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Delaware

Our lead ally in Delaware, Rodel, works with innovators to transform public education in the state. They work side by side with educators and community leaders to form diverse collaboratives. Rodel’s mission is to strengthen Delaware’s public education system and workforce by connecting partners to advance and implement sustainable solutions.

2023 State Early Childhood Policy Environment and Progress

State early childhood policy progress is dependent both on the state’s policy environment and the numerous efforts — by those listed on this page and many others — who worked both independently and collaboratively to achieve wins for young children.

Early Childhood Landscape:

Research shows that family economic security is foundational to children’s overall wellbeing. Research also shows that widespread disparities in opportunity (especially by race) drive wide disparities in outcomes. States with policies that offer strong support to young children and their families are more likely to see 1) declining numbers of children in low-income households and 2) low racial disparity among those children. 

Young Children in Low-Income Households: Declining

Approximately 39% (39,000) of the state’s children 0-8 live in households below 200% of the Federal Poverty Level (2021). This number represents a decrease from 41% (40,000) in 2016.1

Racial Disparity Among Young Children Living in Low-Income Households: High

Black, Hispanic/Latino, and/or Native children aged 0-8 are significantly more likely to be living in households below 200% of the Federal Poverty Level than are Asian and non-Hispanic White children.2

Advocacy Landscape:

State General Fund Appropriations: Growing 

On June 30, Delaware Governor John Carney signed the state’s fiscal 2024 budget. The budget provides for $5.6 billion in general fund operating spending, representing a 9.9 percent increase over the prior year, as well as $193.5 million in one time expenditures and contingency funds provided in a
supplemental bill.3

Largest Per Capita Revenue Sources (after federal transfers) (FY 2021):4

    • Individual Income Tax: $2,165 per capita
    • Charges: $1,499 per capita

Charges are public payments connected with a specific government service, such as tuition paid to a state university, payments to a public hospital, or highway tolls. Delaware does not levy a general sales tax but it does have a gross receipts tax. 

Political Alignment: Aligned Democrat

During the 2023 session, the state’s Senate and House were both Democrat controlled. The state’s Governor was also a Democrat.5

Types of Common Ballot Measures Available:6  One

    • Legislature-Initiated Advisory Questions – Delaware does not allow citizen initiative, referendum, or recall. Several times in the state’s history, non-binding advisory ballot measures have been put before the voters in Delaware.

Early Childhood Policy Advocacy Organizations Include:

Early Childhood Policy Advocacy Multi-State Initiatives Include:7

2023 Policy Progress:

In 2023, Delaware’s state budget saw significant growth on three early care and education fronts. Purchase of Care (child care subsidy) rates increased 15 percent, state funded pre-k funding was doubled, and special education pre-k adult-to-child funding ratios were decreased by 40 percent.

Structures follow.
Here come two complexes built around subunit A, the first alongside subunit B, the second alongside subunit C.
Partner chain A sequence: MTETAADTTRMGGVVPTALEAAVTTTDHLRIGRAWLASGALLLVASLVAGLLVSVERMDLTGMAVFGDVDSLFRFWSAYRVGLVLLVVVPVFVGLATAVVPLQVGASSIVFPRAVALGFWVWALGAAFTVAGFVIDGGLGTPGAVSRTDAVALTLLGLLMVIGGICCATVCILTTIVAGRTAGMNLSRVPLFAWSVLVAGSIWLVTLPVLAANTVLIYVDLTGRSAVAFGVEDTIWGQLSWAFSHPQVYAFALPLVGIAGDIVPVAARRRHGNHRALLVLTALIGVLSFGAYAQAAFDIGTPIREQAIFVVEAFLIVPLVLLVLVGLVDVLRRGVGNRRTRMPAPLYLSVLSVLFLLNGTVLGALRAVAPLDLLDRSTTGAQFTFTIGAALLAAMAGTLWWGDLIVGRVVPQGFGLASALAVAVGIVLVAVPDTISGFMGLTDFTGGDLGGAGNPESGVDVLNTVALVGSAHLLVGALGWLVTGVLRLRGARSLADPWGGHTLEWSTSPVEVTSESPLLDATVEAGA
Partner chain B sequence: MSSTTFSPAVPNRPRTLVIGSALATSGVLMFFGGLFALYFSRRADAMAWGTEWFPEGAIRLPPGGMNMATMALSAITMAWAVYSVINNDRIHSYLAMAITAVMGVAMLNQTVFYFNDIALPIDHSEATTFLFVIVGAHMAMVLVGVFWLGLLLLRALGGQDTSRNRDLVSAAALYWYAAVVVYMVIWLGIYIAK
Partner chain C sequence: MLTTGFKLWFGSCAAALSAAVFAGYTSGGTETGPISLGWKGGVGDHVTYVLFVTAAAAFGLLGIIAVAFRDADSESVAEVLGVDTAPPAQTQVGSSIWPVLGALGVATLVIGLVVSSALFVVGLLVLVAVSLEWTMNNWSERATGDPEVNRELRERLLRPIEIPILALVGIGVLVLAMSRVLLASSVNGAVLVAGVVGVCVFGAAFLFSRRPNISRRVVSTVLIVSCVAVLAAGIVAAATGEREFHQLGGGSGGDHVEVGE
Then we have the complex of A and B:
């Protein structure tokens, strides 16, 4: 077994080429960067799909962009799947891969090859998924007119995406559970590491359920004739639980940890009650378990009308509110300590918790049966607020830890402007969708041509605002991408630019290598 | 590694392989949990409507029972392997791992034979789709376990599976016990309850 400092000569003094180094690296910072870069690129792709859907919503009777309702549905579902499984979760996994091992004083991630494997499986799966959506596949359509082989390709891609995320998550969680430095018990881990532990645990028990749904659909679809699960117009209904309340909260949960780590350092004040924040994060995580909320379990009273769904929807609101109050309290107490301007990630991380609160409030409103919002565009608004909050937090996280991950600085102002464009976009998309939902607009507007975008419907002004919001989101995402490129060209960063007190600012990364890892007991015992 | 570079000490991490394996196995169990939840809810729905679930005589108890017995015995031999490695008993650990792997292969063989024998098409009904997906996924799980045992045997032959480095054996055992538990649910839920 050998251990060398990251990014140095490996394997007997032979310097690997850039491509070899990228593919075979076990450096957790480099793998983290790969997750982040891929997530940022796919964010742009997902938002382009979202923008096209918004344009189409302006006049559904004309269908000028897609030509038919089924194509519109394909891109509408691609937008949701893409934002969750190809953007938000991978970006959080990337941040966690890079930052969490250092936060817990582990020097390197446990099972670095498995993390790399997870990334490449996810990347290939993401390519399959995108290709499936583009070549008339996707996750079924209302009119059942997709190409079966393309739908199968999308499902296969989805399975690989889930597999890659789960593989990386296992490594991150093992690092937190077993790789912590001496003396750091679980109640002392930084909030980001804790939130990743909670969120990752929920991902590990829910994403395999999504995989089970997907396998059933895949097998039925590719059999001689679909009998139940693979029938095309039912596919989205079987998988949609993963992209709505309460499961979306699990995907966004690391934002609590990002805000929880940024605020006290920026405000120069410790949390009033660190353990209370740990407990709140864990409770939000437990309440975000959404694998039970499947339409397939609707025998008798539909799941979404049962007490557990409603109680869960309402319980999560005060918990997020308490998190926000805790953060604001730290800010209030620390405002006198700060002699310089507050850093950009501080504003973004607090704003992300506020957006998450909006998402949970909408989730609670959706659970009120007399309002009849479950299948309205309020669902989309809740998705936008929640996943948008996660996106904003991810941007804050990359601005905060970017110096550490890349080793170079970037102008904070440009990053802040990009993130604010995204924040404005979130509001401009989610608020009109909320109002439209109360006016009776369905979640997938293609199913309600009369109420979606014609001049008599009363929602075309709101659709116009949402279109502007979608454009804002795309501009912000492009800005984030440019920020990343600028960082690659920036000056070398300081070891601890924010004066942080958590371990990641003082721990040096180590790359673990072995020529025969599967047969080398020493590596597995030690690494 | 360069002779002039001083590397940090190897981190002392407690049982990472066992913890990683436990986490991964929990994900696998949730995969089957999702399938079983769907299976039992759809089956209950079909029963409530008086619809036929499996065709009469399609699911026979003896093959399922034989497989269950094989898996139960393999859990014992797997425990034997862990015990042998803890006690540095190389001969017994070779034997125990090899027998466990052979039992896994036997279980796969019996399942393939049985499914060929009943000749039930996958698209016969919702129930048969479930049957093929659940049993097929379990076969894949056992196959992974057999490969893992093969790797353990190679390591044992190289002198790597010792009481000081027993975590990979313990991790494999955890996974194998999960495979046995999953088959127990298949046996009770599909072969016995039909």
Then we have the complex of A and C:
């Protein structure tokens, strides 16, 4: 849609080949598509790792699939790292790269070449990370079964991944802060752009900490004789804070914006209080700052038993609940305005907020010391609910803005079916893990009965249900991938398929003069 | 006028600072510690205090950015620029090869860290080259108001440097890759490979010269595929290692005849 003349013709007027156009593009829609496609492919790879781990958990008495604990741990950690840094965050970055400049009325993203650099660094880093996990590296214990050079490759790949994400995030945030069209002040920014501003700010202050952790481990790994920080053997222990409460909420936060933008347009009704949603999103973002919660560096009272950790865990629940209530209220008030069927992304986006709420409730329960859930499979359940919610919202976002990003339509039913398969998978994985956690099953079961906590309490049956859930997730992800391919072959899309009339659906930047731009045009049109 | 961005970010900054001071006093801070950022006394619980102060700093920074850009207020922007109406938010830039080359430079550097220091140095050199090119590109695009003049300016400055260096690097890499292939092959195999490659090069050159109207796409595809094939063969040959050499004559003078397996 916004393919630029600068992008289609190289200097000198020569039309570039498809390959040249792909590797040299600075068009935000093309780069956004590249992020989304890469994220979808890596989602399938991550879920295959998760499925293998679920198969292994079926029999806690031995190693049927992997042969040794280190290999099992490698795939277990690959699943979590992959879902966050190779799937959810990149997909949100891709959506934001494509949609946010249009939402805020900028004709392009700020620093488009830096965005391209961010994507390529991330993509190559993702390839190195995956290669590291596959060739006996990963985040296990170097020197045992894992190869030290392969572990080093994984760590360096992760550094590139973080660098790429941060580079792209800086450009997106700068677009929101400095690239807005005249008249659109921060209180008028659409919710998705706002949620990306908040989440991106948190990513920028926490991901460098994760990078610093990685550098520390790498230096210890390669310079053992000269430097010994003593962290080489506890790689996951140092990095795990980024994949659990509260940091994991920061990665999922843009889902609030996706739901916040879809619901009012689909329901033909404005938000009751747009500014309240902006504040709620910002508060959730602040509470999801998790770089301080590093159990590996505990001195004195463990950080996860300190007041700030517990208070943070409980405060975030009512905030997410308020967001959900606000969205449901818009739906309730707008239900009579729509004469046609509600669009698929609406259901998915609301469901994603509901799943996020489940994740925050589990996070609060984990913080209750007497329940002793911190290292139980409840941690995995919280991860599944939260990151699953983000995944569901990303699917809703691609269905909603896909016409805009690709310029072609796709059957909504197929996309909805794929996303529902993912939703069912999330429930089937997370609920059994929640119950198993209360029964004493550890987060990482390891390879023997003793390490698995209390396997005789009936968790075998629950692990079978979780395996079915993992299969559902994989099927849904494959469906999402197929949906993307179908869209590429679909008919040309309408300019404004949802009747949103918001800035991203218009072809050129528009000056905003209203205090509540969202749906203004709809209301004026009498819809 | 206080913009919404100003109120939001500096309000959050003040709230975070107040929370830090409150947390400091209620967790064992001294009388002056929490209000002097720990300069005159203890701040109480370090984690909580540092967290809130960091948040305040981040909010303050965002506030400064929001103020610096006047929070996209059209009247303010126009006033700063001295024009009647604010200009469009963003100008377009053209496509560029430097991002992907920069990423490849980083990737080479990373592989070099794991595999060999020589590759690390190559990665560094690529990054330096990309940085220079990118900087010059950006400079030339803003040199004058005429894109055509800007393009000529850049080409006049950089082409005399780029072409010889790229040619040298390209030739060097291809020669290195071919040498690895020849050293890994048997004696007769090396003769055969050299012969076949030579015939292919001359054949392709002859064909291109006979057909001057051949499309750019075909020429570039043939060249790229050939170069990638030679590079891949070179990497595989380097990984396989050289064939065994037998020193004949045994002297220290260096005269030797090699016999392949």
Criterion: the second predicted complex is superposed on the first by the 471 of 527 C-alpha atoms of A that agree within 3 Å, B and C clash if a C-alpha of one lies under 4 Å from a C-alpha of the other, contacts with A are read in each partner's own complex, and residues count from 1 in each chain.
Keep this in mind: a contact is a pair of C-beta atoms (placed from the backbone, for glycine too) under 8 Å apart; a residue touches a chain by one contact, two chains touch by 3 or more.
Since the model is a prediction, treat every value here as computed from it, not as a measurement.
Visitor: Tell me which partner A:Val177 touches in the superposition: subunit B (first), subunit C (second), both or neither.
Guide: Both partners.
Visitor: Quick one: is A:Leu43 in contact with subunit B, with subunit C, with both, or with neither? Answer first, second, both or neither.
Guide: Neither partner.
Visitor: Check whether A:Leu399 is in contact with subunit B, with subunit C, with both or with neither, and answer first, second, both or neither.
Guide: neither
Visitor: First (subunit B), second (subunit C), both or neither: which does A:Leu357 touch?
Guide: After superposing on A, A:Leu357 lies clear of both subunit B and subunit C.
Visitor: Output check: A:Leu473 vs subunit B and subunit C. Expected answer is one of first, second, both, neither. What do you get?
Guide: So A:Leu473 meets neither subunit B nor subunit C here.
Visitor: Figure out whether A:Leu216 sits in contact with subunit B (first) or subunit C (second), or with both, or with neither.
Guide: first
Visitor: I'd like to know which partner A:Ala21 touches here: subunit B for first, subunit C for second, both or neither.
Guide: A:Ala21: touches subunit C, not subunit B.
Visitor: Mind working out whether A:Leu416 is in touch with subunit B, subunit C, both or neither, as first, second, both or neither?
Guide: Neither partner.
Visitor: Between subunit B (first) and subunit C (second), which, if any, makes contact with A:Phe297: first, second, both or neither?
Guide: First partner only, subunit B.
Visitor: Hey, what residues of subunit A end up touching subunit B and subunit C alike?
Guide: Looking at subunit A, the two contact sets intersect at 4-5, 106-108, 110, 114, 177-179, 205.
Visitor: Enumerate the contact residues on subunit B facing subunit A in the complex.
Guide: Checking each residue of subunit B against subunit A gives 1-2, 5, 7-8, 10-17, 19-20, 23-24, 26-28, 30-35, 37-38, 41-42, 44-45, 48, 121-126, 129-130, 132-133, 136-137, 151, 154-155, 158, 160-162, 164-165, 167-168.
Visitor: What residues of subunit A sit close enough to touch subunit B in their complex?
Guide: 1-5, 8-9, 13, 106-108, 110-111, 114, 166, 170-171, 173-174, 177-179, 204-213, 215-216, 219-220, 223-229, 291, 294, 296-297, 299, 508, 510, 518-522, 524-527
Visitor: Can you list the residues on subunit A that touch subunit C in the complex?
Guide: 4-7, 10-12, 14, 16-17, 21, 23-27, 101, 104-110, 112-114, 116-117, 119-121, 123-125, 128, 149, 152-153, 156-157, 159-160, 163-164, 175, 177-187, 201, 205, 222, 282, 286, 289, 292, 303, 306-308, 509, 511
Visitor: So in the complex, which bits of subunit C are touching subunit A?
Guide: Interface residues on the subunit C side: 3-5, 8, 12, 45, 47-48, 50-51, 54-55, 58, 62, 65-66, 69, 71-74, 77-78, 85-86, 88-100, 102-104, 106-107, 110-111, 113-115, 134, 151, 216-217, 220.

Highlights from the state’s early childhood policy advocacy community include:8

$10 million in new, ongoing dollars will be invested to increase subsidized child care rates to 100 percent of the 75th percentile.

State funded early care and education (formerly state funded pre-k) funding doubled from $6.1M to $12.2M to serve hundreds more children through stable, annual contracts that require quality standards, pay based on enrollment, and consolidate funds at the state level to streamline processes for programs and families. For the first time, this program now includes infant and toddler slots and family child care providers.

HS 1 for HB 33 aligns the student-to-teacher ratios found in in pre-K basic special education with those in K-3 basic special education, adding additional resources to support high-need children.

New Department of Health and Social Services policy enables child care programs to adopt a sliding scale for co-payment for families, delinking private pay rates in part from the state rate.

Ongoing Grantee Areas of Advocacy:

The Alliance’s lead grantee in Delaware, Rodel, is working to advance early childhood policies in several areas that align with the Alliance’s birth-through-eight policy framework

Early Care and Education

Preschool and Pre-K

Child Care

Child Care Workforce

Child and
Maternal Health

Home Visiting

Family
Supports

Early Childhood Infrastructure

Early Childhood Finance and Cost Modeling

Early Childhood Governance

RECENT ADVOCACY SNAPSHOT:

NOTES:

1 Kids Count Data Center, Annie E. Casey Foundation, Children Ages 0 to 8 Below 200 Percent Poverty, November, 2022 

2 National Center for Children in Poverty, Children Ages 0 to 8 Below 200 Percent Poverty, March 2023, NCCP analysis of ACS 1-Year Estimates – Public Use Microdata Sample 2021

3 National Association of State Budget Officers, Summaries of Fiscal Year 2024 Enacted Budgets, October 11, 2023.

4 Urban Institute, State Fiscal Briefs, July 2023

5 National Conference of State Legislatures, 2023 State & Legislative Partisan Composition, February 28, 2023.

6 Ballotpedia, Ballot Measures by State, Kids Count Data Center, retrieved May, 2023.

7 Alliance for Early Success, Multi-State Initiatives for Early Childhood Policy Advocacy, April, 2022.

8 Alliance for Early Success, State-Wide Advocacy Highlights Survey, April-August, 2023.  

More State Policy Data:

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Delaware

More State Demographic Data:

Delaware
Delaware